- 07 Dec 20
Having explored a painful relationship break-up on his new EP, rising star Jafaris discusses emotional catharsis, Irish hip-hop, and his ambitious future plans. “I won’t be satisfied until I can facilitate people’s dreams,” he tells Kate Brayden.
From mile-a minute raps to smooth vocals, Tallaght-raised, Zimbabwean-born Percy Chamburuka, aka Jafaris, has woven UK and US rap, R&B, trap and soul influences into the Irish fabric of his latest EP.
Thematically, I Love You But I’m In A Bad... Mood explores the frustration of facing your feelings after making a monumental decision, with powerful expressions of regret, loneliness and hurt.
As Jafaris dissects the end of an eight-year relationship, he is left with a challenging question: how do you define yourself after your life was inextricably linked with another person’s from adolescence to adulthood?
“For me, the EP represents closure from my longest relationship,” says Jafaris. “This wasn’t a project that I wanted to make – it just all came out like a train of thought. After Stride, this type of music about heartbreak and frustration kept coming out. I was focusing on what the break-up actually meant for me as a person and who I was becoming afterwards.
“There wasn’t that much of a gap between the relationship ending and putting pen to paper – I went straight in and recorded it. After the break-up, it felt as if I was creating from her perspective; that was my way of trying to understand her feelings. She’s an artist as well, so I was trying to be empathetic.”
What was the production approach on I Love You But I’m In A Bad... Mood?
“With my debut album Stride, I was still trying to find my feet,” Jafaris reflects. “I was figuring out what type of artist I wanted to be and how I wanted to present myself. Going into this project, I had a solid idea of what I wanted to do and how I wanted to do it. I had 100% control, because I was visualising it as the person going through the break-up.
“This EP has been done for a while, so I’m in a different headspace at the minute. It’s kind of irritating for me as an artist, because dropping this EP is going to make people feel like this is who I am right now, when it’s an old version of me. My newer tracks sound very different to what people have heard; I’m just waiting for the right time to release that side of me.”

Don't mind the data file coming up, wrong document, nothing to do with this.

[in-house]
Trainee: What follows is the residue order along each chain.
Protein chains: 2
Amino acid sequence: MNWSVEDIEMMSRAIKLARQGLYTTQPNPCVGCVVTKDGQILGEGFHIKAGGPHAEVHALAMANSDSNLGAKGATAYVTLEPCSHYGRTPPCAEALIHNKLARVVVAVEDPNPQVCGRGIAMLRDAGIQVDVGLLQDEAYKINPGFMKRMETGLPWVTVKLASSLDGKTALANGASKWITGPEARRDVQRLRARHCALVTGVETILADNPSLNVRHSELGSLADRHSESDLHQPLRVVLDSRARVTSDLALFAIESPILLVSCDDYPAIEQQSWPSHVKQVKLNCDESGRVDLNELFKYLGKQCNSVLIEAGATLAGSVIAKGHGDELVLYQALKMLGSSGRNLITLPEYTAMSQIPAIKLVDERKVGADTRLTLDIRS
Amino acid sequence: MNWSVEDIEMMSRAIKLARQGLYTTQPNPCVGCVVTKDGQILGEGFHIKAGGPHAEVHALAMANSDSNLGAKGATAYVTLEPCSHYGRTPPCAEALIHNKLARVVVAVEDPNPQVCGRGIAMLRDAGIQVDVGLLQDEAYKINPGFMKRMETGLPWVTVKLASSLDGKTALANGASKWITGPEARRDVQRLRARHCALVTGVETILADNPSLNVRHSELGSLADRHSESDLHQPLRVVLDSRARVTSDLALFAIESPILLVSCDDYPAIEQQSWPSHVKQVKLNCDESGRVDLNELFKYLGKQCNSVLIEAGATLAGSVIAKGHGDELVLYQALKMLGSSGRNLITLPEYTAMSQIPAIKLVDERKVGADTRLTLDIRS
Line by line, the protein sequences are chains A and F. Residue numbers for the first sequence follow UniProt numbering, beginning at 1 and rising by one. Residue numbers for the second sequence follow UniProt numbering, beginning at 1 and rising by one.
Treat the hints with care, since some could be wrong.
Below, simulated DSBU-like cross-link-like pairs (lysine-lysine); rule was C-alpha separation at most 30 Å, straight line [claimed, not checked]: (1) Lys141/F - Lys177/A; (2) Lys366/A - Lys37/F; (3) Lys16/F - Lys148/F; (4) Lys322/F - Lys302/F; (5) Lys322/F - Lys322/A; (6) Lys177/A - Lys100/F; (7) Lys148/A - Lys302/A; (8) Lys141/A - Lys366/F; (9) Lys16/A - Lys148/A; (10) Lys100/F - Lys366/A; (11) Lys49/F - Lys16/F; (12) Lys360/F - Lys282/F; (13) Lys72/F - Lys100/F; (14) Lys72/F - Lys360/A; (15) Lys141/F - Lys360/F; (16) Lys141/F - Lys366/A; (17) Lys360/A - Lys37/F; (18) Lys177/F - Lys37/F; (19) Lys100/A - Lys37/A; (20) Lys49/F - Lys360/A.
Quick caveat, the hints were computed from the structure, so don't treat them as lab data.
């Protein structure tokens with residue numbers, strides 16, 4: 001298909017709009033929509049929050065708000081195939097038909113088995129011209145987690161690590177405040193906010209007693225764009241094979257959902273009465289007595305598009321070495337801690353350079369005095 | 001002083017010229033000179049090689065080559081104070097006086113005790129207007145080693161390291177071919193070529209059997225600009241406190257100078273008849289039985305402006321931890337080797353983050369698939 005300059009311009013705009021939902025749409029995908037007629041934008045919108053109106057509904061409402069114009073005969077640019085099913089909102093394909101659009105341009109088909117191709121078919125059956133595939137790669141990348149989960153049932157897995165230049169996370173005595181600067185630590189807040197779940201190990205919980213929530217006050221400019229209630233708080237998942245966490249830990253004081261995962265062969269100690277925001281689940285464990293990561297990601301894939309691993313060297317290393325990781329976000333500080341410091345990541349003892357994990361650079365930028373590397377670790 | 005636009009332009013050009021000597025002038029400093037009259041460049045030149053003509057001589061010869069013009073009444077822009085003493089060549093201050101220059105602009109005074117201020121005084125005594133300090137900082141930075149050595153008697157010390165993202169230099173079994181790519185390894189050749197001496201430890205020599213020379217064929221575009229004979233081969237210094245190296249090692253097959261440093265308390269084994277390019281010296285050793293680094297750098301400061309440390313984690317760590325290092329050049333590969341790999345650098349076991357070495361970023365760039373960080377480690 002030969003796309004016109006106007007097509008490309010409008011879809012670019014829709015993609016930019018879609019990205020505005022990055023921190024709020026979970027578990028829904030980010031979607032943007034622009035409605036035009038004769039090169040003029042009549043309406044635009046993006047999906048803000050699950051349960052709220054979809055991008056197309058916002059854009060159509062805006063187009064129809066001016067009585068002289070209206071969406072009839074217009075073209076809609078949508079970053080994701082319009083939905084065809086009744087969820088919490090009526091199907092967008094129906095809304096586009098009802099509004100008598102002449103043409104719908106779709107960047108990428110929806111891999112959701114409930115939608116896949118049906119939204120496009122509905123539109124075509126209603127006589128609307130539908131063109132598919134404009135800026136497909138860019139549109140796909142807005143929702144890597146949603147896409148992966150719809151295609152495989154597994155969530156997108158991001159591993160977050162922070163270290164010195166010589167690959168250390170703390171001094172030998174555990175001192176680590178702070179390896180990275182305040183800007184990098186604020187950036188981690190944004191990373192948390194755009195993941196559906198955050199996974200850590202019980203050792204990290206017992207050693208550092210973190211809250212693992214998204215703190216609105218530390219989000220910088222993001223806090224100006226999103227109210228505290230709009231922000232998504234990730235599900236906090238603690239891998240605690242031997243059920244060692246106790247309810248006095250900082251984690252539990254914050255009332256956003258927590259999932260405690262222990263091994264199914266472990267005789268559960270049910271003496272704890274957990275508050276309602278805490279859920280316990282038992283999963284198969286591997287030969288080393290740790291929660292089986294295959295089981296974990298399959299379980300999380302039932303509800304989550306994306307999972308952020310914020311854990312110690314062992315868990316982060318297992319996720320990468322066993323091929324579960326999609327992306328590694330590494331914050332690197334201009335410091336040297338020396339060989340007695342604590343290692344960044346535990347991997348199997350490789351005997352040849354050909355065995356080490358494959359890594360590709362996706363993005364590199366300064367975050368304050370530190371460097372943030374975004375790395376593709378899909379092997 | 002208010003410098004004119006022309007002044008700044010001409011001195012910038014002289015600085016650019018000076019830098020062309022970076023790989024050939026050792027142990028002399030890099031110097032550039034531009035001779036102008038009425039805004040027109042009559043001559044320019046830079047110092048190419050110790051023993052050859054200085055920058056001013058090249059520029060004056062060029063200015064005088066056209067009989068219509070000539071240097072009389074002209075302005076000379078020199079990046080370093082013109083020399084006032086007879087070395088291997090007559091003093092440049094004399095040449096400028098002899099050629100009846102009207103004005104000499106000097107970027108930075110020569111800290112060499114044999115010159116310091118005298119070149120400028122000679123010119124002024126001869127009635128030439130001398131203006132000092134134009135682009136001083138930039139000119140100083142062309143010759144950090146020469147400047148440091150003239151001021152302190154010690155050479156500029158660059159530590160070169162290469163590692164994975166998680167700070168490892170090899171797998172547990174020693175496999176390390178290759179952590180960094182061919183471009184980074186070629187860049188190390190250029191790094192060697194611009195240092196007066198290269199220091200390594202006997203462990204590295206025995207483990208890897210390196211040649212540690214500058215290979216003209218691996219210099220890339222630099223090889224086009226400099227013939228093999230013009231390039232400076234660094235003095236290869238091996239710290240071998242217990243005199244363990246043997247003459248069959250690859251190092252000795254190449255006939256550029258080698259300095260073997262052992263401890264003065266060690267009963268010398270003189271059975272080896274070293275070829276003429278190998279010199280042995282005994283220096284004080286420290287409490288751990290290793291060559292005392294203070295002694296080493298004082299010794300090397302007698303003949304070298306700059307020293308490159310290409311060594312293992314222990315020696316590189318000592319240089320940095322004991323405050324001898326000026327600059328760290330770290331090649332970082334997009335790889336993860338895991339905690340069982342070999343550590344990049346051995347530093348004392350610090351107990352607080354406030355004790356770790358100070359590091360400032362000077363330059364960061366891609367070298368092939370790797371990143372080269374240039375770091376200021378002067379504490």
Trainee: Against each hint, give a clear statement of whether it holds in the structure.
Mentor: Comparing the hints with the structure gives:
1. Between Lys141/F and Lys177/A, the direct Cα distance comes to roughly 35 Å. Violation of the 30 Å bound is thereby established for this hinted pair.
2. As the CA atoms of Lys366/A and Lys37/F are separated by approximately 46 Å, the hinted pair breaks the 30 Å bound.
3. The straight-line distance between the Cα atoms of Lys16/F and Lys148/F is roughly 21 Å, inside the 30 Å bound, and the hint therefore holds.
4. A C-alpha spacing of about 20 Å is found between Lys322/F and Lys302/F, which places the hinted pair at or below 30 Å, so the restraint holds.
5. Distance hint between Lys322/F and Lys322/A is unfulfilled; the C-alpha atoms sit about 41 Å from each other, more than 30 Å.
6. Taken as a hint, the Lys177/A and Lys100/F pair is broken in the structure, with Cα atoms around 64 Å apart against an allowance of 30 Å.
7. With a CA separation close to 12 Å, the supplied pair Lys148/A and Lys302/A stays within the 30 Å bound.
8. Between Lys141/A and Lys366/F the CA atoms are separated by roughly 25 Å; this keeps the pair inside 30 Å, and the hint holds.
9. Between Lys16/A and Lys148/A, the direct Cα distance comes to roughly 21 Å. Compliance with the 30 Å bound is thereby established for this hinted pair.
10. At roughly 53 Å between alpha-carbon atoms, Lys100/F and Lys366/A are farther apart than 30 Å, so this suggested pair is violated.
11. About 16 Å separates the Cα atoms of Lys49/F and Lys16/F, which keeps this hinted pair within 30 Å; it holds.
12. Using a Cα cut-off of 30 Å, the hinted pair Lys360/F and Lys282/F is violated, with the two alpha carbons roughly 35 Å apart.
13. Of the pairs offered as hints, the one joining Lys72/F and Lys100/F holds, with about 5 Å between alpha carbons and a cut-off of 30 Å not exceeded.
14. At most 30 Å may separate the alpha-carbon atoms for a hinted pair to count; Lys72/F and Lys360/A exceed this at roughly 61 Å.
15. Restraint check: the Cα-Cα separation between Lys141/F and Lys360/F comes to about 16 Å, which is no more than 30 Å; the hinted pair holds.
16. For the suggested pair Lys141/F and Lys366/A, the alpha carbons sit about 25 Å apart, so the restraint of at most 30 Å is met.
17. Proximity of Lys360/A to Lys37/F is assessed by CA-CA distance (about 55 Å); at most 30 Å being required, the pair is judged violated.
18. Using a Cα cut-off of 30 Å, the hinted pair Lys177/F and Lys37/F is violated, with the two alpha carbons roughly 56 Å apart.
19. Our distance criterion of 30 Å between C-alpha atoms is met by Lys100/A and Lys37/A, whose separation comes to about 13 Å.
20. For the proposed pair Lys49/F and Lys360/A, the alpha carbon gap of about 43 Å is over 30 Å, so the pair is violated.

Jafaris takes great pride in the achievements of Irish hip-hop, but acknowledges its identity is still in flux.
“London’s reception to the Irish hip-hop scene is crazy, they want to be here so badly!” he enthuses. “I think the only thing that we’re still struggling with here is our identity. The music sounds good, but a lot of what’s at the forefront doesn’t really sound ‘Irish’. It sounds like it’s from the UK or US. I don’t think that has as much longevity; we need to find out what our thing is, because there’s interest in what we’re doing.
“I would get asked why I don’t use my accent, but I think Irish identity in hip-hop is a matter of people being themselves. We have a unique accent – whether it’s got a UK or African twang – and we need to own these things, as opposed to trying to sound more ‘Irish’. Just be yourself. That’s what I’m trying to explore in my music – I’m just using my actual voice instead of the US sound I’ve mimicked for so long.”
With Covid-19 having decimated live music and damaged the arts scene across Ireland, does Jafaris believe that artists like him are being given the right assistance?
“Personally, I feel super supported here,” he replies. “I used to have the mentality that there wasn’t a big Irish music industry and that I needed to leave. Honestly, it’s never going to change if artists keep emigrating. The super talented people need to stay and build what we have here. Some artists don’t speak about what’s happening in the country and they don’t cater for the Irish crowd, but that will come with time. Some will leave, but I’m here and I want to build on what I’ve done.
“Some people try to put pressure on me to speak on certain issues like BLM, or do more about certain things simply because I’m Jafaris. I do feel an obligation and a responsibility to defend my race or my people, and build my community up in a positive light, but I prefer to create action rather than talk about it. We’re very good at pointing out the problems but nobody’s really thinking about solutions.”
From a creative standpoint, Jafaris’s method of exploring Irish identity in parallel with his Zimbabwean heritage allows him to remain open to new styles.
“I want to be more in touch with my culture, 100%,” he says. “I feel like the new music I’m making will shadow it in some way, shape or form. There’s certain percussion elements in my country that you won’t find anywhere else in the world. I’m educating myself on what the sounds are from the people I grew up with. It’s a case study or project of mine, but it won’t come out until I’ve captured it accurately.
“Music is something that I’m gifted to do and it’s something I hope will feed myself and my family, but this is not my end goal. I won’t be satisfied until I’m in a position where I can facilitate people’s dreams.
“I wasn’t brought up to be egotistical, though. My culture is all about humility, nobody is better than anyone else. I’ve surrounded myself with people of like mind, and I’m grounded enough to not lose myself.”
• I Love You But I’m In A Bad… Mood is out now.